Tuesday April 10, 2012
The Most Oft-Portrayed Character on Film Isn't Santa Claus But...
Last October I wrote about the most filmed character ever, and, via IMDb, came up with Santa Claus. Here are the rundowns:
- Santa Claus: 814
- Jesus Christ: 350
- God: 340
- Dracula: 274
- Abraham Lincoln: 263
- Sherlock Holmes: 246
- Hamlet: 198
Subsequent investigations based on reader response brought up:
- Napoleon: 337
- Hitler: 335
But no one close to Santa. Then last Friday I was talking with a friend at work, mentioned this thread, and back at my desk, for some reason, I tried another guess:
From Georges Méliès in 1896 (“The House of the Devil”) to Billy Zane this year (“Dark Star Hollow”), from Lucifer to Satan to Mephistopholes to Lord of Darkness to Mr. Scratch, the Devil keeps on keeping on. This is the Bible-born Devil, so no “Hades,” and thus no Ralph Fiennes. Also no Al Pacino. Odd. His character in “The Devil's Advocate” is called “John Milton” but he's obviously the Devil. Yet he's not among the 848.
Even so, the Devil's cinematic preeminence makes sense. Despite all the pseudonyms, he's a specific character rather than an archetype like “Angel” or “Clown,” which IMDb correctly divvies up. He's the fallen angel not a fallen angel.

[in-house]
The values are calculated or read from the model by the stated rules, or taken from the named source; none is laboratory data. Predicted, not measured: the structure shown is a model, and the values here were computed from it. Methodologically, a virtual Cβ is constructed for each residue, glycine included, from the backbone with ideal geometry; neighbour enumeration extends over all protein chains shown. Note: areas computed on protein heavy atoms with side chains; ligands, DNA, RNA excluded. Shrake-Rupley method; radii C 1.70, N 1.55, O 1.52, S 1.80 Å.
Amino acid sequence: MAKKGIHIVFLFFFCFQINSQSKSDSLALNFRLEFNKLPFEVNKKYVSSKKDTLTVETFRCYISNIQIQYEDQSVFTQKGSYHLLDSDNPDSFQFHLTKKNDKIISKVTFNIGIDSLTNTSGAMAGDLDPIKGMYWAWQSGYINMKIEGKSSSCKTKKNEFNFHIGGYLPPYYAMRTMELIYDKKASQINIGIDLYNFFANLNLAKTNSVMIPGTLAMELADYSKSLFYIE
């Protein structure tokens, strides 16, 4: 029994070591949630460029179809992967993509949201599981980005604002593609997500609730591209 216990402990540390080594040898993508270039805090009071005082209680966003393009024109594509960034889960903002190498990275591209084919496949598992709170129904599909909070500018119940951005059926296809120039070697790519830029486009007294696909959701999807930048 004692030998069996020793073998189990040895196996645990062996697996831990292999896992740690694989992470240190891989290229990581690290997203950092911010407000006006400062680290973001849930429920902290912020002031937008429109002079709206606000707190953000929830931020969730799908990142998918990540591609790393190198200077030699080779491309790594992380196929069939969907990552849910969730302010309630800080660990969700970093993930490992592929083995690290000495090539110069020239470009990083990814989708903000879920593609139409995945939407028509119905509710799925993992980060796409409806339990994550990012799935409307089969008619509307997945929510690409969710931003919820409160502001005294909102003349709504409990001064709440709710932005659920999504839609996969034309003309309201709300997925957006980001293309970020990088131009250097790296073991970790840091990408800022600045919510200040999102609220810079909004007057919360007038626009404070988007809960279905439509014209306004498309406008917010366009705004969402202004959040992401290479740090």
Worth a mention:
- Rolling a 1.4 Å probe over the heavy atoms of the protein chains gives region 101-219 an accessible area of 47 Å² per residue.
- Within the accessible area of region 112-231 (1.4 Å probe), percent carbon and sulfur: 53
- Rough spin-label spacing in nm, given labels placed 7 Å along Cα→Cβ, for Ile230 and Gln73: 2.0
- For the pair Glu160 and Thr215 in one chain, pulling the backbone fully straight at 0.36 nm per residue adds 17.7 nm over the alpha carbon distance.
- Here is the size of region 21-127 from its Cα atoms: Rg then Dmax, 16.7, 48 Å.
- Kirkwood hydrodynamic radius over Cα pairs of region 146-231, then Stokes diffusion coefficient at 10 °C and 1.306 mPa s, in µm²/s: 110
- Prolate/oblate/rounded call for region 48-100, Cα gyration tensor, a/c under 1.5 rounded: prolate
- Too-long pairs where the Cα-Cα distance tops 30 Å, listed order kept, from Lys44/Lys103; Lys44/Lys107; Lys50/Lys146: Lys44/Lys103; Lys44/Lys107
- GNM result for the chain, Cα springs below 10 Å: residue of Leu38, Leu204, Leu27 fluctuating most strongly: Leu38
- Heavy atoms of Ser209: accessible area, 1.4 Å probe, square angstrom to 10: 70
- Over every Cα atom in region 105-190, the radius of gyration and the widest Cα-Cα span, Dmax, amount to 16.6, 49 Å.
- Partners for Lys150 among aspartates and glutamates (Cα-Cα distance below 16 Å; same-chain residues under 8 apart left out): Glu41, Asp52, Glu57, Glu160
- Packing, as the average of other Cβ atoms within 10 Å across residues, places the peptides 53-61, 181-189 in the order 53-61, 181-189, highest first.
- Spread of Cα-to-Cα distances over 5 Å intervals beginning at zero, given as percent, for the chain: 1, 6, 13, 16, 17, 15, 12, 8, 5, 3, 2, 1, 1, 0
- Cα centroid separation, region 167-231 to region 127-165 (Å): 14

Plus, though Bible-born, he shows up in our secular stories. I suppose it's a consequence of modern living that you don't have to believe in God to believe in the Devil. Or maybe the Devil simply interacts more often with human beings than God does. Every story needs a conflict, and unless you're Job or Christopher Hitchens, you'll find it more easily with the Devil. God has big things to do but the Devil can spend time, say, attacking a group of people in an elevator (“The Devil”), stealing the soul of a stuntman (“Ghost Rider”), or inhabiting the body of a little girl (“The Exorcist”). He thinks small. He's trying to knock us off one by one.
Plus, in our more spiritual films, such as “The Tree of Life” or “Of Gods and Men,” God isn't personified. He's not part of the cast list. Indeed, in the latter film, he's not even singular.
Which is why the Devil wins. At least thus far. There may be another character out there more oft-portrayed than Satan. It would be cool if IMDb allowed us to see such a list, or sort such a list, but they don't. Their response, in total, to my query asking for this feature:
I am afraid we do not have this feature, sorry.
The Devil wins again.
Three of the 848 cinematic incarnations of the Devil: John Huston, impish, in “The Devil and Daniel Webster” (1941); Tim Curry bellowing in “Legend” (1985); and Elizabeth Hurley, just being herself, in “Bedazzled” (2000).